Tailoring Commercial Off-the-Shelf (COTS) Voice Recognition Software for Handling Multiple Languages: An Experimental Study
In this experimental study, we propose to investigate the role played by language typology in adapting commercial-off-the-shelf [COTS] speech-to-text software [STS] developed for one language belonging to a particular language group is capable of recognizing speech input provided by a language belonging to a different language group. Typical language groups include Indo-European, Dravidian, Semitic, Sino-Tibetan, alphabet-based, syllabary-based, etc. Studies by the author [1-3] and other researchers [4-6] have shown that the basic technique works for languages drawn from within the same language group; however, similar cross linguistic-group studies have not been conducted.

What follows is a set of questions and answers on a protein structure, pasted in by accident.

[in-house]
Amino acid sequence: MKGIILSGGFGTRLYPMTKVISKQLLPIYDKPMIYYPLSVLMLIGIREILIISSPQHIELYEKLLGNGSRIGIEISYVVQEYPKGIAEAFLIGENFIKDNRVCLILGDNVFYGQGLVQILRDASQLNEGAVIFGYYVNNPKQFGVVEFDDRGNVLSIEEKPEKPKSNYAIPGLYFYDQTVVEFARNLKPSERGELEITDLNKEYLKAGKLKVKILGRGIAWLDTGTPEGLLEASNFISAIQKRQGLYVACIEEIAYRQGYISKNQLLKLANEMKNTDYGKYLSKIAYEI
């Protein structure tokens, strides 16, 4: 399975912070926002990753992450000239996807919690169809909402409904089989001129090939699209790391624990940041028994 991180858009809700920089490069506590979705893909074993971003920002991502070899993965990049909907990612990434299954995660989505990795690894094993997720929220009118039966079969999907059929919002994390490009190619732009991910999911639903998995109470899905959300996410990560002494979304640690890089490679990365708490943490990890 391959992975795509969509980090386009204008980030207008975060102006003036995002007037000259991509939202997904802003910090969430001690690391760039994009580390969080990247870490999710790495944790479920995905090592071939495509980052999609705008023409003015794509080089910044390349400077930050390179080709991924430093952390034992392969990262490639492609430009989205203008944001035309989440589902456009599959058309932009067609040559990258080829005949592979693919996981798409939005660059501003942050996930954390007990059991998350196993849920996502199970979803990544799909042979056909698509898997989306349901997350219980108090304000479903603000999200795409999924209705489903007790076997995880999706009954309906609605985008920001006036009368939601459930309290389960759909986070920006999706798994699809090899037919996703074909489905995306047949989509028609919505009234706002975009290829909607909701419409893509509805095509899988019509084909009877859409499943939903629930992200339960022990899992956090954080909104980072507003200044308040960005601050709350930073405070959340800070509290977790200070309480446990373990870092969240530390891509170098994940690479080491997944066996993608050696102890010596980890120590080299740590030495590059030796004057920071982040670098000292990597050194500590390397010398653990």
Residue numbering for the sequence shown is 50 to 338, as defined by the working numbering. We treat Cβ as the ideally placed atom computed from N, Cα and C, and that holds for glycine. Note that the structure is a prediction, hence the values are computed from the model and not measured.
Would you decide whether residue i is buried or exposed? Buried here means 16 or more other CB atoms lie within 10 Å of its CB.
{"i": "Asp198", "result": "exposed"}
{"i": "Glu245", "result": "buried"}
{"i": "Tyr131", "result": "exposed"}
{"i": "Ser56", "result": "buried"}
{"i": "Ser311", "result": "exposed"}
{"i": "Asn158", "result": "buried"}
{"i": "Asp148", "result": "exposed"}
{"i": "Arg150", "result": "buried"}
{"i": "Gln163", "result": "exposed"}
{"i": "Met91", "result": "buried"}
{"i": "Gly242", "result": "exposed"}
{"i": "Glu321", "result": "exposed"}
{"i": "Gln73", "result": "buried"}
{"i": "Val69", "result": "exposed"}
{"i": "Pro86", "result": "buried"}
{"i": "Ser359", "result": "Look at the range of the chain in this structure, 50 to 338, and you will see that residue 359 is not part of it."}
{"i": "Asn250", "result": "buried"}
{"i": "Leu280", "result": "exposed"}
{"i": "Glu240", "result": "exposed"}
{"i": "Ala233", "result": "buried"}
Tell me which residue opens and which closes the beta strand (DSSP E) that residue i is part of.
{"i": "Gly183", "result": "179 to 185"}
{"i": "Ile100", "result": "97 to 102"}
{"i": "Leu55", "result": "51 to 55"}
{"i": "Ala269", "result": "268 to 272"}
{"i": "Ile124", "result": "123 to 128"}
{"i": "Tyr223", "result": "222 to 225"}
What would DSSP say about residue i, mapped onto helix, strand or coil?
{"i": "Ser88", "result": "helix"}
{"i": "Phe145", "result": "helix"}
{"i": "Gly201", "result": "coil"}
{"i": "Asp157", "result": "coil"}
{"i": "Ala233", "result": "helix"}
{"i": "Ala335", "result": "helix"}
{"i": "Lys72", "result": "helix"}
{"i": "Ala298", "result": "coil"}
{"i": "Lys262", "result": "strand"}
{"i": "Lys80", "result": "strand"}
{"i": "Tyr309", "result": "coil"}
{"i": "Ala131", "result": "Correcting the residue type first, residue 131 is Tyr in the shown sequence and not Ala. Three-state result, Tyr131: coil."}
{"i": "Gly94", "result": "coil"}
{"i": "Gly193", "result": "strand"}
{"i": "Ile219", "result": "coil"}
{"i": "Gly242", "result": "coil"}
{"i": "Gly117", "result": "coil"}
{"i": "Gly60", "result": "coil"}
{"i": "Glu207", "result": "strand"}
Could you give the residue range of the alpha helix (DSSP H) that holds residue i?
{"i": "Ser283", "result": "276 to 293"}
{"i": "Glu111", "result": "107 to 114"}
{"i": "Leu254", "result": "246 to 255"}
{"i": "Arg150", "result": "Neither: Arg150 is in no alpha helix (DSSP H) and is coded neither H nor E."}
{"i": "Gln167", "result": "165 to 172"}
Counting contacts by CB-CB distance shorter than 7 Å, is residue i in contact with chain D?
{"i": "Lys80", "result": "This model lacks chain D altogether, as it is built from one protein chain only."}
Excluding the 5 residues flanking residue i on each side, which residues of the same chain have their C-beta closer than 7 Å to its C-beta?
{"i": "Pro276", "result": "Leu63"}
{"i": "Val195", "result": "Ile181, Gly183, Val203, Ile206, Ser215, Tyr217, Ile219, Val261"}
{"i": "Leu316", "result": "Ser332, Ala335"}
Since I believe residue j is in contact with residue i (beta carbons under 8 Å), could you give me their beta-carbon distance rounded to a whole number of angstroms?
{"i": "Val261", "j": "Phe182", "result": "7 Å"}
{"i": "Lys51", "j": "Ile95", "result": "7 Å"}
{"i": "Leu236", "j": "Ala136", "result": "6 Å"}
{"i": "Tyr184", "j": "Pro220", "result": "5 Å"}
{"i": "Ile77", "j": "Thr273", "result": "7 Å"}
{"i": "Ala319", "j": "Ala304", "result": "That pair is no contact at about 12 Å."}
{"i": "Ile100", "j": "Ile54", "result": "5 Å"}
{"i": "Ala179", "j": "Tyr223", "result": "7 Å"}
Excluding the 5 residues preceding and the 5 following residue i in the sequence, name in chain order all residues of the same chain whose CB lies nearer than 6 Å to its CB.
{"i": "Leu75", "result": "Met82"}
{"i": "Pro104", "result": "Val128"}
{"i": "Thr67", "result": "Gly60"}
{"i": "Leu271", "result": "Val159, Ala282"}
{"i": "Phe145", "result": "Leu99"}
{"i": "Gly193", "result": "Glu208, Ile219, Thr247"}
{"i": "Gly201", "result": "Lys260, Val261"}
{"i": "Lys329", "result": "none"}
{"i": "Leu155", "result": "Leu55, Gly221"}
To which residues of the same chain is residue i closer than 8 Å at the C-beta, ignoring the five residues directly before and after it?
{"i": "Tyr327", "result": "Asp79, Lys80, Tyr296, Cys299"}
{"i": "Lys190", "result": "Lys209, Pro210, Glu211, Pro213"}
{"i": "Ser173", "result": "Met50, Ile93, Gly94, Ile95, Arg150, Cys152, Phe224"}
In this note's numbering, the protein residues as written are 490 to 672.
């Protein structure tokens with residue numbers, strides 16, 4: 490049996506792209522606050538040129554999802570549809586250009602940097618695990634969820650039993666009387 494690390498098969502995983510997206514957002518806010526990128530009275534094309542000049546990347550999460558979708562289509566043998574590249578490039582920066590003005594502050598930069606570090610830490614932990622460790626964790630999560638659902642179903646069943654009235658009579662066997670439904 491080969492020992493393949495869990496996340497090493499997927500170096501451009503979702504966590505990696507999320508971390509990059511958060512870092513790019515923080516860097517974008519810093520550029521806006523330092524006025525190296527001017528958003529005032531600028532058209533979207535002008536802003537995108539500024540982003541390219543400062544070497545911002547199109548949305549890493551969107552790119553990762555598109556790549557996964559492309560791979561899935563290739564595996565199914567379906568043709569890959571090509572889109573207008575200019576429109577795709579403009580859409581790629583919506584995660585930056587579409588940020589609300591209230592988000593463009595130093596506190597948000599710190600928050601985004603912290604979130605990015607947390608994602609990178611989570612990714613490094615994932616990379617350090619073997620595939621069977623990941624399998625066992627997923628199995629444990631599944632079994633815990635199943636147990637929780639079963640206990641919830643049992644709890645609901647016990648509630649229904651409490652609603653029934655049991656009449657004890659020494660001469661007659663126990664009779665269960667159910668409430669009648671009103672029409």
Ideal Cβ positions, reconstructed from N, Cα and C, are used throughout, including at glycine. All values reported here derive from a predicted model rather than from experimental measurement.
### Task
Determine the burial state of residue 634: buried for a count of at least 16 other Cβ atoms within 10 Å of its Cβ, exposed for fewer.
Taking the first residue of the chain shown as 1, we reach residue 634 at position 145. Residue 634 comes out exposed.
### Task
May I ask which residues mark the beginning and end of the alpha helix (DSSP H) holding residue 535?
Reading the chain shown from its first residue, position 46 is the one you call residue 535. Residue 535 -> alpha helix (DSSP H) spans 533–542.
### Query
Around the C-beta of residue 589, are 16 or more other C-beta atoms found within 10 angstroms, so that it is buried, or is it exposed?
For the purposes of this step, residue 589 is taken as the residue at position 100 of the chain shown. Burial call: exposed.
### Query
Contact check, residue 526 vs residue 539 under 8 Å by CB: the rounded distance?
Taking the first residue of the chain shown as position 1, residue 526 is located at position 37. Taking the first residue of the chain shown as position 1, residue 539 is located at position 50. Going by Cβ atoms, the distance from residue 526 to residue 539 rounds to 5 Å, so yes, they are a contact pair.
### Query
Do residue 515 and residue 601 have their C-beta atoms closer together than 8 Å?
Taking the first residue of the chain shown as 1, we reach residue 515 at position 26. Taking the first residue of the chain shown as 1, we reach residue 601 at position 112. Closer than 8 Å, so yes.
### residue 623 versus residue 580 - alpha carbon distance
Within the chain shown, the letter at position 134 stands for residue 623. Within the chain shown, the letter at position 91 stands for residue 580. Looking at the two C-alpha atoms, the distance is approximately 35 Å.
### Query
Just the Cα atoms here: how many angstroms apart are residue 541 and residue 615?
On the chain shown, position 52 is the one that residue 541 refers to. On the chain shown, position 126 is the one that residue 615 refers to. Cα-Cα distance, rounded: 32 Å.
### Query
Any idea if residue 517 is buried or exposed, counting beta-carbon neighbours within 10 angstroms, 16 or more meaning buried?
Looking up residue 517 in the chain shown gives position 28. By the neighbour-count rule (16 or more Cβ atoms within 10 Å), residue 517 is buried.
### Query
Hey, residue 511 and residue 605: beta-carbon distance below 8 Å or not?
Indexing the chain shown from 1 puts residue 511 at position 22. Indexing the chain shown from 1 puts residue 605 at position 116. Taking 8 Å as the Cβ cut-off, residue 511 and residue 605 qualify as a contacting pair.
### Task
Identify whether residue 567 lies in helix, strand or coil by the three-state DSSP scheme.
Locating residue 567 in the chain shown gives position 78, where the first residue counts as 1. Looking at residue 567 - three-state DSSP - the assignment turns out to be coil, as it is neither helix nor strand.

Marshall, Roger (2004). Tailoring Commercial Off-the-Shelf (COTS) Voice Recognition Software for Handling Multiple Languages: An Experimental Study. CARS Summer Grants. Item 122.
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